Expressions in computing are related to those in mathematics. Statements were a historical necessity. In the beginning computers were very expensive while still only able to do one task at a time. By the time FORTRAN was first in use in 1958, the best way to share the resource was by presenting a program as a stack of punched cards, one per line of code. A standard emerged where each card represented 80 characters. The first 72 were read by the computer. The last 6  could optionally hold a statement number that was ignored by the computer reader. There were large mechanical sorters so that if you dropped these sometimes very large decks of cards then they could be sorted back in order. Programmers were in the habit of numbering cards 10 apart so that new cards could be inserted as the program needed changing. For purely practical reasons each card needed to stand alone so program changes could be effected without re-punching the whole deck.

From another perspective, assembly language representations of computer code are also statements, so perhaps the concept was meant to be.

Every computer language meant for people to read and write need a means of abstraction. With statements we can do that with variables.

var pi = 3.14159;
var radius = 132;
var area = pi * radius * 2;

In Lispz, the expressions can look almost exactly the same.

(ref pi 3.14159)
(ref radius 132)
(ref area (* pi radius 2))

… and I would probably write it that way for clarity, but given that each is an expression, I could also say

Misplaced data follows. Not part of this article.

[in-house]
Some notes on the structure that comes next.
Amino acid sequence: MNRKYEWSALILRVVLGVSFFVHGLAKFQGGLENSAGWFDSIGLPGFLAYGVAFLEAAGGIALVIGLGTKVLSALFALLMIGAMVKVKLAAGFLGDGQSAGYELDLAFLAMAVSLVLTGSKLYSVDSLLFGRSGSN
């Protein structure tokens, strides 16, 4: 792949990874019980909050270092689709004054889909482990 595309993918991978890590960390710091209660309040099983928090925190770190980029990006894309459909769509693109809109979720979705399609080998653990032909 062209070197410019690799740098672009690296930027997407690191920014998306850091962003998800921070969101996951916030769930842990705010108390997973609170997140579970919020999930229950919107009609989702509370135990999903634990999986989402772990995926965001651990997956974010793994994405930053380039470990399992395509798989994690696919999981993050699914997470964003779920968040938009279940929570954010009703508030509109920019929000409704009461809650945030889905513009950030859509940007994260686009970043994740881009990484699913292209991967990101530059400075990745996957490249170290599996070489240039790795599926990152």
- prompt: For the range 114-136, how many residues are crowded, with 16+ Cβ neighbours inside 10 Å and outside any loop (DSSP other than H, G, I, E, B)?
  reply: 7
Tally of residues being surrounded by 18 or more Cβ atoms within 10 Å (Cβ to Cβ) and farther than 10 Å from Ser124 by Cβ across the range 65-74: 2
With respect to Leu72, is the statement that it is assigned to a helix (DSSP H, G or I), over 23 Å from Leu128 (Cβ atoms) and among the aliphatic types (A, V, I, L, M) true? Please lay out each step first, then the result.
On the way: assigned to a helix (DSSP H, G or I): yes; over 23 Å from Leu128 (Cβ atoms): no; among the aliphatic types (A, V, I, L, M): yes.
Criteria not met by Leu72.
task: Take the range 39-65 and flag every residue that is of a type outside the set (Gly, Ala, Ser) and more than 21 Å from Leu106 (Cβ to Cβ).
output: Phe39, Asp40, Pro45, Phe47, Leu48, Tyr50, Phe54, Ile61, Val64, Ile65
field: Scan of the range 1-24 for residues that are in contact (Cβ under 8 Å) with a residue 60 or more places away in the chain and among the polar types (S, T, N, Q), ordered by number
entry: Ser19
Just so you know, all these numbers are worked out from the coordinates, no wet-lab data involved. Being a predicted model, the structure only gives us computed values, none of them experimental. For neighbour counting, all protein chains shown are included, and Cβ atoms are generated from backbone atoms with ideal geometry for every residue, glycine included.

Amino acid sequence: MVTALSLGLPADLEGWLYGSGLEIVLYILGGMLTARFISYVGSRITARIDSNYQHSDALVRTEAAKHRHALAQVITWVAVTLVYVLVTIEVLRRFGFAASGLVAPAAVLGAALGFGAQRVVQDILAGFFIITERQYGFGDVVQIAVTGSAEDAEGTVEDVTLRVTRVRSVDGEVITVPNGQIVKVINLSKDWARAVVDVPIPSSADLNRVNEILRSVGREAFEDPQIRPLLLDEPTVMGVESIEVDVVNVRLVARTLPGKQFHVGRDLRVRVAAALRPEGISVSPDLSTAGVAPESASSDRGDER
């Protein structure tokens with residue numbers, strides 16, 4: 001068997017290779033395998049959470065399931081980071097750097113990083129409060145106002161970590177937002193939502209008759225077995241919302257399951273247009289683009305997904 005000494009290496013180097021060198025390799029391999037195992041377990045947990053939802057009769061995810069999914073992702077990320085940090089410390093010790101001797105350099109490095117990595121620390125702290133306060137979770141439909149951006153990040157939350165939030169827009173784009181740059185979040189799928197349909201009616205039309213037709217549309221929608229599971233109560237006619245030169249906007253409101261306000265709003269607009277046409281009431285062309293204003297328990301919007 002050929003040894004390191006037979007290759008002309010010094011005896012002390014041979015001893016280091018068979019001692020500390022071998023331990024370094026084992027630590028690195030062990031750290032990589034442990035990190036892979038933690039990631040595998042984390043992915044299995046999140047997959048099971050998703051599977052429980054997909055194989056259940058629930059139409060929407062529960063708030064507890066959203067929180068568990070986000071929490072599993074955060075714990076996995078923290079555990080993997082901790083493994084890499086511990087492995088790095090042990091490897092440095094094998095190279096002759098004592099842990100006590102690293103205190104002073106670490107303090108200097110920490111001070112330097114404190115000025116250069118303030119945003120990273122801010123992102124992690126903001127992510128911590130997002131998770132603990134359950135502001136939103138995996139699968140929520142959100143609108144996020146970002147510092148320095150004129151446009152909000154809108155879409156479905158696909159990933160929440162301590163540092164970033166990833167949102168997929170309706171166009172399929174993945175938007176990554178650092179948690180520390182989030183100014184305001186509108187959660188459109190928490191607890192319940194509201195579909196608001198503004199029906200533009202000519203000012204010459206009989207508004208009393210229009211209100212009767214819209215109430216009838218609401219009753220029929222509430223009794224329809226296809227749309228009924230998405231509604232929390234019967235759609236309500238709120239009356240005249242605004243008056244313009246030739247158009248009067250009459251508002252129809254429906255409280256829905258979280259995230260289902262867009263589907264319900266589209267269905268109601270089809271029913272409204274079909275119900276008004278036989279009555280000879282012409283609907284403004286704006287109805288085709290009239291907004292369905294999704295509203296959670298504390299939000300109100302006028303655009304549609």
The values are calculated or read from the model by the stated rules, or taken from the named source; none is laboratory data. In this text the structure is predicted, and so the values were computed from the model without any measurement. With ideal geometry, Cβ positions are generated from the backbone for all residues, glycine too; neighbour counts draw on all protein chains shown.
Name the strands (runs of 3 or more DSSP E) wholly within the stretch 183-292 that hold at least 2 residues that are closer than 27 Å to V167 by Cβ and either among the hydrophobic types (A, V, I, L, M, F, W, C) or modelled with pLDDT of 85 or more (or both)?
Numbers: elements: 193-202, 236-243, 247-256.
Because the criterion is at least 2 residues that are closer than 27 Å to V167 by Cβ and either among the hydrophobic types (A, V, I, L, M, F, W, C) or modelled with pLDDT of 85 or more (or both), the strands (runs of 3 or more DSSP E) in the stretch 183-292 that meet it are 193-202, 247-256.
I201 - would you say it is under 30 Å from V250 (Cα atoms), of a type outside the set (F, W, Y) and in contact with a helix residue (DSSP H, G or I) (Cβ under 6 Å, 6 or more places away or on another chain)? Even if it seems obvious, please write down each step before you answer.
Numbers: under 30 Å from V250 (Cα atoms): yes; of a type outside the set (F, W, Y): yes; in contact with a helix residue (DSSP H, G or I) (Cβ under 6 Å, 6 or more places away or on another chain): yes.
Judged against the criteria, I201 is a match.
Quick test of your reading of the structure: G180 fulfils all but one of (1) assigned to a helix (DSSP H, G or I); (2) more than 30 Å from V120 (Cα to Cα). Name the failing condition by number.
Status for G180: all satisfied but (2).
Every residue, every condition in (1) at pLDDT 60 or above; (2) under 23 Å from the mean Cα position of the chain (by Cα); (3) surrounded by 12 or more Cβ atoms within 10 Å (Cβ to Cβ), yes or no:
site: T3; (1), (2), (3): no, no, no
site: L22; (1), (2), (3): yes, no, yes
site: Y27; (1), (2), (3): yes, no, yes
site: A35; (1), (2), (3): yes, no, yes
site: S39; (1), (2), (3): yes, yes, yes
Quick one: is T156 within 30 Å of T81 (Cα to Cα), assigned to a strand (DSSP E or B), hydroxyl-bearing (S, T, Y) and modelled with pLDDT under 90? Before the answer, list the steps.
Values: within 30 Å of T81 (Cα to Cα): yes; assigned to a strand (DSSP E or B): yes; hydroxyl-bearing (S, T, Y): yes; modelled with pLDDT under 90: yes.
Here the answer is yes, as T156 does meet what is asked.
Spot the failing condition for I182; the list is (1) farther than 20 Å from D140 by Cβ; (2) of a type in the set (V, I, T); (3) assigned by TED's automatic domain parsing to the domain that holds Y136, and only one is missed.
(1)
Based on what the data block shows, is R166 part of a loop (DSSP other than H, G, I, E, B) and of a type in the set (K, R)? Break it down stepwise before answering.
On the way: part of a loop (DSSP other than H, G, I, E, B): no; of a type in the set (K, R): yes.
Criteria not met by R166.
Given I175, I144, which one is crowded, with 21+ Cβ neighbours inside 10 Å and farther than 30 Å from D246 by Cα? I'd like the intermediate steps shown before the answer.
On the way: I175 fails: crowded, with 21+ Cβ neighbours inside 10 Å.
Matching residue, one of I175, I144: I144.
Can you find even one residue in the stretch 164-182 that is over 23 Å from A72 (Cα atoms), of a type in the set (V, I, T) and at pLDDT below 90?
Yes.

(ref area (* (ref pi 3.14159) (ref radius 132) 2))

Under the covers, ref translates to var as Lispz compiles to JavaScript. The are conceptually different – ref is short for reference and implies that it points to the expression rather than being a container for the evaluation result. This is more poignant in languages like Haskell that have lazy evaluation. References in these languages actually point to the expression that is only evaluated the first time it is used. This is like promises in less radical languages.

Another interesting fact. Have you noticed that some languages, like CoffeeScript and Ruby will return the last expression without the need for a return statement? This comes from functional statement-less languages such as Haskell where the only value a function can return is the last (and in the case of Haskell only) expression.

A clean functional programming function (say that three times quickly) will have references for clarity and one expression. Haskell enforces this, while others such as Lispz leave this to the programmer.